Prof. Ackermann was a pioneering scientist, mentor, colleague and founder of Inpho software
Today we honor the life and work of scientist and digital photogrammetry pioneer Prof. Dr. Dr.hc.mult. Friedrich (Fritz) Ackermann, who passed away on Dec. 4 at the age of 92, in Stuttgart, Germany.
Prof. Ackermann was a significant figure in academia and business, including founding Inpho, a pioneering photogrammetry software company, in 1980, bringing it to the market around the same time Charlie Trimble brought Loran-C to the commercial navigation world. Trimble acquired Inpho in 2007.
“We, the Inpho team, are proud to have had this special character close to us in Stuttgart,” said Dr. Mohsen Miri, Product Manager of Inpho at Trimble Photogrammetry. “He was not only a professional in the history of photogrammetry with his decisive innovations and supervision of revolutionary ideas in the imagery market, but also a strong and humble character in his life.”
Prof. Ackermann was recognized in 2019 on the occasion of his 90th birthday with this article in Point Of Beginning (POB) magazine, which describes his achievements and contributions in defining and advancing the fields of photogrammetry and image analysis: “Prof. Ackermann’s work is the foundation for significant increases in accuracy and efficiency in photogrammetry. His name is rightfully included as one of the legendary contributors in modeling and estimation: Gauss, Mikhail, Ackermann and Kalman.”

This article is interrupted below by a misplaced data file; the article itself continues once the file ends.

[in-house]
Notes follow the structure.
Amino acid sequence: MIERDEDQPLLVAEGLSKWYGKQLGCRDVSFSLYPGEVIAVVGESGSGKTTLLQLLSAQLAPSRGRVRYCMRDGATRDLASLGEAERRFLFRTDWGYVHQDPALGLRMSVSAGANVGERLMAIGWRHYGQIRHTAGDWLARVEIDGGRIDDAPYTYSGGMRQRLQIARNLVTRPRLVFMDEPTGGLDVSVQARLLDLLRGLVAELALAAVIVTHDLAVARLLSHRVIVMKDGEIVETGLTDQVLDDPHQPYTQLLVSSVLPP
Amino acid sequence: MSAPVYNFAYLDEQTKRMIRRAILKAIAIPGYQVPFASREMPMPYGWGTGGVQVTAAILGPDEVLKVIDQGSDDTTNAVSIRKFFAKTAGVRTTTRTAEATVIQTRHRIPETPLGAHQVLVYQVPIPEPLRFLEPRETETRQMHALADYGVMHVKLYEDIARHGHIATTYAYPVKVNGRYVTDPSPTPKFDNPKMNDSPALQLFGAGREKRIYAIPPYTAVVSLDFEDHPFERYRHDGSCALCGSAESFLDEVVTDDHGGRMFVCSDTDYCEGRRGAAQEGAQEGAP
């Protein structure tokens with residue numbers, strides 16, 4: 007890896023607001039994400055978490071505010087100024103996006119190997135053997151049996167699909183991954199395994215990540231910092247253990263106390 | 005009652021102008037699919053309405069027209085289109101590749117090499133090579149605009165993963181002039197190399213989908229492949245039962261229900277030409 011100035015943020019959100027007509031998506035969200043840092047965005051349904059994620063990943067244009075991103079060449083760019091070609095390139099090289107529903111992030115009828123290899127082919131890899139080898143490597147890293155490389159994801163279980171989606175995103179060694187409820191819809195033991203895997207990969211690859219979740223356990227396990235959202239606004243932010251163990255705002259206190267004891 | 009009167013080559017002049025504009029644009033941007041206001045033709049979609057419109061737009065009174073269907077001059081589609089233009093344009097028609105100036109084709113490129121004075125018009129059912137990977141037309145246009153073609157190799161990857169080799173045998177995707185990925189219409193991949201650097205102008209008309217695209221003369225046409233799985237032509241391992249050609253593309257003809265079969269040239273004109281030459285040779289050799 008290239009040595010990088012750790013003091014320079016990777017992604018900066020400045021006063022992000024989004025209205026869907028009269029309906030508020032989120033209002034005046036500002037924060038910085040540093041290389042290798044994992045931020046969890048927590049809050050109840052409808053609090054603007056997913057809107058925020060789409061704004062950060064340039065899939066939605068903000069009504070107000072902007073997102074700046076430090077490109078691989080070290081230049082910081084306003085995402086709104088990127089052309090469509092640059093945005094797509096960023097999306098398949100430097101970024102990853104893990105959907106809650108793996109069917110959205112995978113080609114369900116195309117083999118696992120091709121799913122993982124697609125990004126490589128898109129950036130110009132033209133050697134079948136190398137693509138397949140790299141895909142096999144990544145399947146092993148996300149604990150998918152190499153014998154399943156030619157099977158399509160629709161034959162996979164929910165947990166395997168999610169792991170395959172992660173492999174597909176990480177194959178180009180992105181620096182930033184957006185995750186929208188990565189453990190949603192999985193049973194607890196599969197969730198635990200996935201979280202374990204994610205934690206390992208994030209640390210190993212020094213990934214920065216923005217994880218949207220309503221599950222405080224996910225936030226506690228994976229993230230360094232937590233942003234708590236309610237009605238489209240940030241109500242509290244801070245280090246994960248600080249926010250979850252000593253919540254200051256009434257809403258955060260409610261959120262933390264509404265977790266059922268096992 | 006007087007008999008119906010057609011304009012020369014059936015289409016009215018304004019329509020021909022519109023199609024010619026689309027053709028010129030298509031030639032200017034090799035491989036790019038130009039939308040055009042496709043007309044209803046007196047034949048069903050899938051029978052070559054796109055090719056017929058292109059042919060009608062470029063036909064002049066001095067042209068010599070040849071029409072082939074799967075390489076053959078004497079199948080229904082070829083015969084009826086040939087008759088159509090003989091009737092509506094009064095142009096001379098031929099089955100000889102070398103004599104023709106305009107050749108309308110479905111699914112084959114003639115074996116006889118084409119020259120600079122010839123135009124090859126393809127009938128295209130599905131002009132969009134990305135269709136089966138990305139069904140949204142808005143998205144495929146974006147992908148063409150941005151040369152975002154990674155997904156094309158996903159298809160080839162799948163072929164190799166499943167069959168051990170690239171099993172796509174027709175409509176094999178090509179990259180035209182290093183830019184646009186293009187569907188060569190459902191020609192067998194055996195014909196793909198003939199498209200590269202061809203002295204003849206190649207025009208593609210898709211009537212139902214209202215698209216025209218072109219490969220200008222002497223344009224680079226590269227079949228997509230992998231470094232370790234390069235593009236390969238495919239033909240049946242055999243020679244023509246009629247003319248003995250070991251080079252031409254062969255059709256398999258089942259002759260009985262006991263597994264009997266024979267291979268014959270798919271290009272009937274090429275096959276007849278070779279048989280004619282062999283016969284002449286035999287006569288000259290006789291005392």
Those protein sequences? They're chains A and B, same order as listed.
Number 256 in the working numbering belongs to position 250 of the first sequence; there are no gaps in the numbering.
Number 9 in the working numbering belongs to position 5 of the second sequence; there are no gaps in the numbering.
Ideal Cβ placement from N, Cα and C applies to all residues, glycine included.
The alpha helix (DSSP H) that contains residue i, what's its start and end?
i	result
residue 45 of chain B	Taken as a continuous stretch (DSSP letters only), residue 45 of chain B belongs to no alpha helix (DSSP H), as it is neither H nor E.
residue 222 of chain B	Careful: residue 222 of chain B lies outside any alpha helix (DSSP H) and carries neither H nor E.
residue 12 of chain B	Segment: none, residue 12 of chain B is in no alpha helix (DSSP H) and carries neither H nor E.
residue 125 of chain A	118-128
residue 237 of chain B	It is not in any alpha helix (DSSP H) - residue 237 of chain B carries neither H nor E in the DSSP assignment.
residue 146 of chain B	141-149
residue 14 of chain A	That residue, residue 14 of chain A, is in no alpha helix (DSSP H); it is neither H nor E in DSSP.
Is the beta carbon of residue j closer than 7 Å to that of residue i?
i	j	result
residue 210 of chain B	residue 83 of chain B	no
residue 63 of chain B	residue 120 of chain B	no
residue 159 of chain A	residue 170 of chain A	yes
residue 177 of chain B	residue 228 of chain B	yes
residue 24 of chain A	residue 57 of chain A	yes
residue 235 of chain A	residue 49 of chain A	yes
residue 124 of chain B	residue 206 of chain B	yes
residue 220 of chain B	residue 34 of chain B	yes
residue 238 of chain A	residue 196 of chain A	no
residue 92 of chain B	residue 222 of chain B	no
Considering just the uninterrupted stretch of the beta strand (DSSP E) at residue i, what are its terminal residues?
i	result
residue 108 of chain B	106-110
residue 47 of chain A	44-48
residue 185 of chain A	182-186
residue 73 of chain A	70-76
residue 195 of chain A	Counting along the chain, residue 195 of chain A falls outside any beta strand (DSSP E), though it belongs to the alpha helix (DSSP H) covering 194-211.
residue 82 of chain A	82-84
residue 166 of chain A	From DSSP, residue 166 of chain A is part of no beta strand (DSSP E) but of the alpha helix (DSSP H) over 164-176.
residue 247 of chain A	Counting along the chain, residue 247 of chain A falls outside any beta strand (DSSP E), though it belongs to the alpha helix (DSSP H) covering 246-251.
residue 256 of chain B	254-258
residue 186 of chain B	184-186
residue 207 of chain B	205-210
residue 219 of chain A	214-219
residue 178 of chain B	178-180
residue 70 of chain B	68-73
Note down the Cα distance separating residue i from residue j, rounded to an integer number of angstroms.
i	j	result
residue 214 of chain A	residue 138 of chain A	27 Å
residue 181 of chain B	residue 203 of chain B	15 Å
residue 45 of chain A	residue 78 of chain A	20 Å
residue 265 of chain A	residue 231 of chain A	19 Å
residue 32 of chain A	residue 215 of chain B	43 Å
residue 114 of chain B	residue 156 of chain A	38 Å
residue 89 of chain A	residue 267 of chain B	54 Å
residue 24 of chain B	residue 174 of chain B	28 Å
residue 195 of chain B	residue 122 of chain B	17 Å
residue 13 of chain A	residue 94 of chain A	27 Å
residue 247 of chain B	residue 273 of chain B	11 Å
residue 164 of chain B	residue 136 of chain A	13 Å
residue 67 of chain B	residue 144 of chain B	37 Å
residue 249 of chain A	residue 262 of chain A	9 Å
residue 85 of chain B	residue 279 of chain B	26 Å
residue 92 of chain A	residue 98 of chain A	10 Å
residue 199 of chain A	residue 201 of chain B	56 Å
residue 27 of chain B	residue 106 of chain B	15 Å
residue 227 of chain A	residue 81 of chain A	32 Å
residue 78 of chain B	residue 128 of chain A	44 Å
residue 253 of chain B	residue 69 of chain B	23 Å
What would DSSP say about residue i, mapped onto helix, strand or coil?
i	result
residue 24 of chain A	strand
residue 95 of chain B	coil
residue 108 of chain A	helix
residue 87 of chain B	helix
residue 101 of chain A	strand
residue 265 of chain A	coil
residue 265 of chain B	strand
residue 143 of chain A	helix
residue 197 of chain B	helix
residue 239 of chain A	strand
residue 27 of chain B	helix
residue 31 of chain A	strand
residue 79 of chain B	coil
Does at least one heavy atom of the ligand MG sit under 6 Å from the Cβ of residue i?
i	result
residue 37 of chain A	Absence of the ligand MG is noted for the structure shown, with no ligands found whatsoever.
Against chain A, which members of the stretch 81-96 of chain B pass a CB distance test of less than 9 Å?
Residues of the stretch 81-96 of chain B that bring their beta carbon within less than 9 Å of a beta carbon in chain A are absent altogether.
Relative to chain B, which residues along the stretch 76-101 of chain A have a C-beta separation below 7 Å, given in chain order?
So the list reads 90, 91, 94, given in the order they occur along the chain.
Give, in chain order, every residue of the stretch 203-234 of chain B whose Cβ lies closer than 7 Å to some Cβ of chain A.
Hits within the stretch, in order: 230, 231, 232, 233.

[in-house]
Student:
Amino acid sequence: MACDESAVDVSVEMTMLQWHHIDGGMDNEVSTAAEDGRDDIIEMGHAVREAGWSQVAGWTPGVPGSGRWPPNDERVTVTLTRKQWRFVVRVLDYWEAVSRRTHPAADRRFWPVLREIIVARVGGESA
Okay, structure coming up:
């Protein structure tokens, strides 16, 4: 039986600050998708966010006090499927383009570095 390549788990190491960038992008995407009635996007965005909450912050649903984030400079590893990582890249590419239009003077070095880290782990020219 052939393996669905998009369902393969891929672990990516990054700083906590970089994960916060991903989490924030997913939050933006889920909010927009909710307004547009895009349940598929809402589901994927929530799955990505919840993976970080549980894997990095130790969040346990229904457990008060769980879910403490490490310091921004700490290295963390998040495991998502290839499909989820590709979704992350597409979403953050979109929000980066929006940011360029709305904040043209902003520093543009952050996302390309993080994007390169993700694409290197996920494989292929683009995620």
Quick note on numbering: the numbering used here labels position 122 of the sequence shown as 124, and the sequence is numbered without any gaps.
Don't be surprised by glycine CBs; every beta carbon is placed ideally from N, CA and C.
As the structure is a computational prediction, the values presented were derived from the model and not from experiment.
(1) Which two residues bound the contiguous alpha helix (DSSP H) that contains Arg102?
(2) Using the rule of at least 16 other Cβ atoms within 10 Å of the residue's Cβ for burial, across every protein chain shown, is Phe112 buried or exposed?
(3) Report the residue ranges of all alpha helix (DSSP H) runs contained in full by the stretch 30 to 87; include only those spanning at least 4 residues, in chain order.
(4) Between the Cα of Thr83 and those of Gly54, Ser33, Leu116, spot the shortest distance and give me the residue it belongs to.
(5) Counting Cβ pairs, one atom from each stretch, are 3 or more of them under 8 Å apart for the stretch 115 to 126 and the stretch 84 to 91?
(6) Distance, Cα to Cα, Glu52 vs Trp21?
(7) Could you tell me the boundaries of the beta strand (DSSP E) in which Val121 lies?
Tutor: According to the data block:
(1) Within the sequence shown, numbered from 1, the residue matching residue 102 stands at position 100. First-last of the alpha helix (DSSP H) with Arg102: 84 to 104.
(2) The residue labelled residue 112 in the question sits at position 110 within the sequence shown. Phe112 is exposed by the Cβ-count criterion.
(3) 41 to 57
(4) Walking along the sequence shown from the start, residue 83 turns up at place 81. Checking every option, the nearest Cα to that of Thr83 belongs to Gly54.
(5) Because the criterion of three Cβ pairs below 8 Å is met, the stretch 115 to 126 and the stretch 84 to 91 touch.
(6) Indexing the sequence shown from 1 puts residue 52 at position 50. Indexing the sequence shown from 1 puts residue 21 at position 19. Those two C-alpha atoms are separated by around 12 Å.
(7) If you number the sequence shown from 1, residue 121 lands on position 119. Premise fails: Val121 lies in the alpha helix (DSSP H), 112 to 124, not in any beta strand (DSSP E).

Eager to integrate the potential of new technologies into photogrammetric processes, Prof.
Ackermann recognized the value of satellite positioning, according to the POB article. “He increased the profitability of photogrammetry by using GNSS-aided aerotriangulation to substantially reduce field control and processing time,” it said. “His research also included projects to incorporate aerial LiDAR data as well as numerous advances in bundle and block adjustments. He supported the work for development and sharing of digital terrain models, including the first national-scale terrain models. Prof. Ackermann also pioneered processes for using photogrammetry data in automated terrain.”
Known to his associates simply as “Fritz,” his passion for innovation was combined with kindness and respect for those around him, the article states. “He was valued for his ability to convince, motivate and inspire.”
“He never gave up updating himself about the recent technologies,” Miri said, describing Prof. Ackermann as a “multi-dimensional man.” “I am still impressed with his active presence at the age of 90, in his last attendance at Photogrammetry Week (PhoWo 2019, Stuttgart), sitting in the front row of the hall, and listening carefully to the latest presentations from around the world.”